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Sunday, May 24, 2015

PROTOPLASTS IN PLANT TISSUE

Banana protoplasts

Protoplasts are naked cells that lack cell walls (Figure above). They are spherical with a plasmolysed cell content and are contained within a plasmalemma. In principle, each individual protoplast can reform a cell wall, and later initiate either a callus through sustained divisions, or an embryo, defined as a somatic embryo. In banana they are obtained from in vivo tissues or in vitro cultures. As early as 1902, a scientist known as Haberlandt has stated that individual nucleated plant cells could convert into entire plants, either directly or through a callus stage. This phenomenon is termed 'totipotency' and denotes the recovery of a whole organism from a single cell, and is also applicable to protoplasts. In theory all cells are totipotent, but in practice it depends on the past cellular environment. Usually the morphogenetic competence is retained at the unicellular stage that corresponds to a protoplast. However since protoplasts are not exposed to the stabilizing and inductive influence from neighbouring cells, they may have lost their plant regeneration capacity. In fact, factors such as the genotype or species of the manipulated plant, and the ontogenetic state of the explant source, exert a powerful effect on the regeneration potential of protoplasts. Consequently the development of appropriate in vitro conditions for protoplast regeneration is complicated. Notwithstanding this, successful efforts have been made in isolation, cultivation and regeneration of protoplasts, since Nickell and Torrey pointed out their merit for crop improvement.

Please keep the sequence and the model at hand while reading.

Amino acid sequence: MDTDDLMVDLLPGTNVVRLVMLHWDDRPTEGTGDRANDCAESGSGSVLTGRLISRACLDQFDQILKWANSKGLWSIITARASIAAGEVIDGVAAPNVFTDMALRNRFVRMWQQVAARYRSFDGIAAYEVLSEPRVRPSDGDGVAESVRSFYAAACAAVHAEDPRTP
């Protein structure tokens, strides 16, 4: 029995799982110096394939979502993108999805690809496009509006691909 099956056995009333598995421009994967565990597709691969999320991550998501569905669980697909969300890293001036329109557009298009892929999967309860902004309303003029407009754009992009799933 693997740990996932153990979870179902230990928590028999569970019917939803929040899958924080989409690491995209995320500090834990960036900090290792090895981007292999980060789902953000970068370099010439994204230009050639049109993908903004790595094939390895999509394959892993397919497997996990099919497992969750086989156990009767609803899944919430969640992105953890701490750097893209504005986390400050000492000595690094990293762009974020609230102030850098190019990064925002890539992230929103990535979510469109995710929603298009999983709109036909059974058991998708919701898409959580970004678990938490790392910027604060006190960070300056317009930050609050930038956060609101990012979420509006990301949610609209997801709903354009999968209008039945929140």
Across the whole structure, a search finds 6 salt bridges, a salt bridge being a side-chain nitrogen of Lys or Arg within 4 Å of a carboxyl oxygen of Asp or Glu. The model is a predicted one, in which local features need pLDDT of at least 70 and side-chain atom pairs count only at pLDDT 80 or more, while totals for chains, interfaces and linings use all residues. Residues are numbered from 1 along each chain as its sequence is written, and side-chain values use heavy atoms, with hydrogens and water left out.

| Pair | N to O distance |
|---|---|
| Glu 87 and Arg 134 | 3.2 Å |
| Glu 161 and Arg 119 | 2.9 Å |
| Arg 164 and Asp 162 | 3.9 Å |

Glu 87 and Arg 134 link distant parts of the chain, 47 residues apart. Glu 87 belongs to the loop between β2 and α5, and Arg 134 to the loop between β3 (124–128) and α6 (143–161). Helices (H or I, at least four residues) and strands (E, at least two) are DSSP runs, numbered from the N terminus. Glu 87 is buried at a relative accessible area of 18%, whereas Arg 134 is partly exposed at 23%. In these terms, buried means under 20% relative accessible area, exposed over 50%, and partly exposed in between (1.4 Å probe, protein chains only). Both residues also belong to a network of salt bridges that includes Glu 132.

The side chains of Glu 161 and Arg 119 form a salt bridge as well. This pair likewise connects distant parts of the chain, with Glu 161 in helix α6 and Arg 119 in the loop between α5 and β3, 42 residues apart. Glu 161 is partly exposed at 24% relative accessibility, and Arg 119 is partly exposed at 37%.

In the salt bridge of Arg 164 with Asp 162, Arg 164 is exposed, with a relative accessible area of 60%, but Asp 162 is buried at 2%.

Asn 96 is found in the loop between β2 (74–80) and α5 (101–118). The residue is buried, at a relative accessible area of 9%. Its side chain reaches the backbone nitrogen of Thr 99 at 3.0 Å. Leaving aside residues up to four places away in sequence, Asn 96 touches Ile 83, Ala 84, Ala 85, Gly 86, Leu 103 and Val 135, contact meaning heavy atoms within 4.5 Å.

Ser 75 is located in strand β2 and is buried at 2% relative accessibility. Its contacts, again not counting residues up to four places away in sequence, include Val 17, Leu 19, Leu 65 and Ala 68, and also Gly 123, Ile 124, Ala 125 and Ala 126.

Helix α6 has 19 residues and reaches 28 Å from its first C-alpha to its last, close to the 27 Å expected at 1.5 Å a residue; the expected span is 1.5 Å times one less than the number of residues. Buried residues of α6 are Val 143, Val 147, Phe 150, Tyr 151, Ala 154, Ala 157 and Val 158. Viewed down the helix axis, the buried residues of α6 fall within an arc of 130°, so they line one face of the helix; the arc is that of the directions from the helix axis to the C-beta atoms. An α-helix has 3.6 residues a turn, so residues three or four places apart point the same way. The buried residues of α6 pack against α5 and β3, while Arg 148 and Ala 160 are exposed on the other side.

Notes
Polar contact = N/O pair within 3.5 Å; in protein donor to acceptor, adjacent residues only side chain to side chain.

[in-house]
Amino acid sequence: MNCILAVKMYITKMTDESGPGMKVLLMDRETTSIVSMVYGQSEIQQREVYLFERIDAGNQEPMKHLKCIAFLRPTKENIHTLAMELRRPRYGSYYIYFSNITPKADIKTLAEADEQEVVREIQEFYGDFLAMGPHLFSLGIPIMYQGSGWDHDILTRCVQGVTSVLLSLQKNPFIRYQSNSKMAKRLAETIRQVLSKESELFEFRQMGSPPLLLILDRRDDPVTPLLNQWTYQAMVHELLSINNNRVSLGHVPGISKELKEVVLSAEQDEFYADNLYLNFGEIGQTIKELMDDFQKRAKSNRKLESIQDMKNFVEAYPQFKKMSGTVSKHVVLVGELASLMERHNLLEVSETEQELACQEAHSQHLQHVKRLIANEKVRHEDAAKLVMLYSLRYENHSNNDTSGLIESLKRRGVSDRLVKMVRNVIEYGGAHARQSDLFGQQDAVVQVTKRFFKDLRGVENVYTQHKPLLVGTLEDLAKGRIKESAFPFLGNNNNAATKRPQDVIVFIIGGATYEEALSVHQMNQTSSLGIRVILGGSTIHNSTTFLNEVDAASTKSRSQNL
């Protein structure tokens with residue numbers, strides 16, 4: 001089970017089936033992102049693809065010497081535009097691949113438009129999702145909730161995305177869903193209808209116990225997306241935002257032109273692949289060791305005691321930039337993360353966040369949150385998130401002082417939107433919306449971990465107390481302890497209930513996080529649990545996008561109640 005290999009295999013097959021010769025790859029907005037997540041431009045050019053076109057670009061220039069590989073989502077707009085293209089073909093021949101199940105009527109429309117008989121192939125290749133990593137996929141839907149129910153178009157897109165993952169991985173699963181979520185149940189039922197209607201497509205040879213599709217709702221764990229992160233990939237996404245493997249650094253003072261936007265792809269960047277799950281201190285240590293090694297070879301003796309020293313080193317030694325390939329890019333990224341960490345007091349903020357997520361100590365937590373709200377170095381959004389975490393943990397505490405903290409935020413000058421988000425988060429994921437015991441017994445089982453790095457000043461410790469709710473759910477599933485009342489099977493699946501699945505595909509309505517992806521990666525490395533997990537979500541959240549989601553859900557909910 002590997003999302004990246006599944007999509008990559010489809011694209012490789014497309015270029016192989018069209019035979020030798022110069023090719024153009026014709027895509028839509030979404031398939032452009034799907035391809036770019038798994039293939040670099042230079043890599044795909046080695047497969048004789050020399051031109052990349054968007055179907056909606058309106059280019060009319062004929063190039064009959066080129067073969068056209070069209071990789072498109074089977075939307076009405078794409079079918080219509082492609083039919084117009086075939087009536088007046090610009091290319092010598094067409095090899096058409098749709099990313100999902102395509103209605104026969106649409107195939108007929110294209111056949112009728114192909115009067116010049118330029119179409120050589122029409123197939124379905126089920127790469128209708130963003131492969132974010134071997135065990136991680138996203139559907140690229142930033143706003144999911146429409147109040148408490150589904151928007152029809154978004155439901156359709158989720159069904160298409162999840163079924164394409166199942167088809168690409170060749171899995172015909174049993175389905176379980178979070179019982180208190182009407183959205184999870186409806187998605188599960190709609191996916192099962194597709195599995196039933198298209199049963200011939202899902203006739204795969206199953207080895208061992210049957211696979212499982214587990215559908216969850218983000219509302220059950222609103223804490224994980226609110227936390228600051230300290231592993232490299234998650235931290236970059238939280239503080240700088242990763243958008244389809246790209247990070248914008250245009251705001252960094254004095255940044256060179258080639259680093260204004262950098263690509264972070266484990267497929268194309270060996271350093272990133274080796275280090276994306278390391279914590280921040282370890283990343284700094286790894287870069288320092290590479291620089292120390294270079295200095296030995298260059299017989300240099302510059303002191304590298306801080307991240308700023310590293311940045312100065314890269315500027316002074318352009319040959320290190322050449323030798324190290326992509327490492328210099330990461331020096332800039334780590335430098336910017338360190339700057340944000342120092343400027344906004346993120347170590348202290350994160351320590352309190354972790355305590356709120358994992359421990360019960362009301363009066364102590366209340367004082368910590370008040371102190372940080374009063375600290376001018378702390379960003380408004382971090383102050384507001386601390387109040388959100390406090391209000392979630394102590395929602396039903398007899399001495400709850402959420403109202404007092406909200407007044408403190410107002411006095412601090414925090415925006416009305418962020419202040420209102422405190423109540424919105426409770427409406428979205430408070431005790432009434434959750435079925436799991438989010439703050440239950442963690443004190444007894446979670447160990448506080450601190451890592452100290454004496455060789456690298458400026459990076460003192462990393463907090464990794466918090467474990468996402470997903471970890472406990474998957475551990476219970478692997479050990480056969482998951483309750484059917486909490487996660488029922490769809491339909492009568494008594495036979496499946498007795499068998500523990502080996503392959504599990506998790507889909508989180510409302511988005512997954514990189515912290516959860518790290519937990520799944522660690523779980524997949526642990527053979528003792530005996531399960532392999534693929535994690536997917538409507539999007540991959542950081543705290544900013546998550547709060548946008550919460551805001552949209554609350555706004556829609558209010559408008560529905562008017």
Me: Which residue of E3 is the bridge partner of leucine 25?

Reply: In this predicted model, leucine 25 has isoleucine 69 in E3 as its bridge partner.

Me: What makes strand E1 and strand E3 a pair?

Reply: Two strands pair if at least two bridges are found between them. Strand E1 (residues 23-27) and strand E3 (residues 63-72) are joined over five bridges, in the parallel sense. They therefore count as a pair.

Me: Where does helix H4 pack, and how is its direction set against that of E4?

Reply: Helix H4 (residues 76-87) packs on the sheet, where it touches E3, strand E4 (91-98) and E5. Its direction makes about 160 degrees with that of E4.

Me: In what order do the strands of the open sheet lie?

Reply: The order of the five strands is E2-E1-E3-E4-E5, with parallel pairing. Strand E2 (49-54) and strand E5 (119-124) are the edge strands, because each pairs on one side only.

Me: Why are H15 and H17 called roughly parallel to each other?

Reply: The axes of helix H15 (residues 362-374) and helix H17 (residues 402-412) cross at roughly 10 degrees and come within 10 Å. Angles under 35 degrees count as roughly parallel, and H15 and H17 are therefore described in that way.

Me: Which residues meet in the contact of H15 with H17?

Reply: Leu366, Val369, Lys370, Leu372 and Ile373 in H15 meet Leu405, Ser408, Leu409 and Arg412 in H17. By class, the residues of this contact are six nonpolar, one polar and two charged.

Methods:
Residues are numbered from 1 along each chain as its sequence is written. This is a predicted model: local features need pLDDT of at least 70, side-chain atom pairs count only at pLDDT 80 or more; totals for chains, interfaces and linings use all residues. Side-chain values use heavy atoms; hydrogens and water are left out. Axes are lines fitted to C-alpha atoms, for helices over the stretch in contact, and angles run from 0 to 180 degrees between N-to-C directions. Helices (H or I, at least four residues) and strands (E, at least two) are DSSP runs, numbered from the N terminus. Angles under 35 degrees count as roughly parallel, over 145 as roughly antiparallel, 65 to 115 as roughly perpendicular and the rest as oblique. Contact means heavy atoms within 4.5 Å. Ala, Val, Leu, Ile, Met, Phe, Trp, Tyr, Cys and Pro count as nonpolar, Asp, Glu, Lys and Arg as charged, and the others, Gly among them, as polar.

Various tissues and an increasing number of plant species and genotypes have been successfully used in protoplast culture, but so far sufficient quantities of protoplasts for practical applications are not routinely met. While the value for agriculture of protoplasts still needs to be demonstrated, they are an invaluable tool for studies on permeability of ions and solutes, photosynthesis, phytohormones, phytochrome, and maintenance of totipotency. Moreover, protoplasts are useful for the uptake of foreign genetic material and to produce somatic hybrids through protoplast fusion. In addition, protoplasts are an excellent system for studies on cell genetics and even for plant virology. These studies rely on isolated, clean and healthy protoplasts, which requires the appropriate choice of osmoticum, hydrolysing enzymatic solution, and pretreatment of the donor explant either in vivo or in vitro. This involves the right choice of explant age, cold treatment, phytohormone pretreatment, light intensity or photoperiod, and subculture rhythm, which affects both the internal metabolic status of the cells and cell-wall composition. Prior to cultivation isolated protoplasts need to be freed from enzymatic remains and debris, which are considered to be toxic. Culture in or on solid medium is considered to be more advantageous than in liquid medium because the development of a single protoplast into a colony can be followed up much better. For development, different factors such as medium composition are crucial, especially the nature and quantity of growth hormones. Other important factors are the physical environment, plating density, and embedding conditions or the use of feeder layers, which all contribute in one way or another to cell-wall regeneration and cell division. Once cell divisions start, the level of auxin(s), as well as the colony density, usually need to be reduced to avoid overcrowding. This is done by subculturing, which gives the additional benefit that an adequate nutrient supply is maintained. Finally, for rooting, plants are usually transferred to cytokinin-free medium, possibly containing some auxin, and exposed to high light intensities, usually in illuminated plant growth chambers. During recent decades, plant biology workers have recognised the potential of protoplasts in many experimental systems, since an efficient enzymatic method for protoplast isolation was first established. Thanks.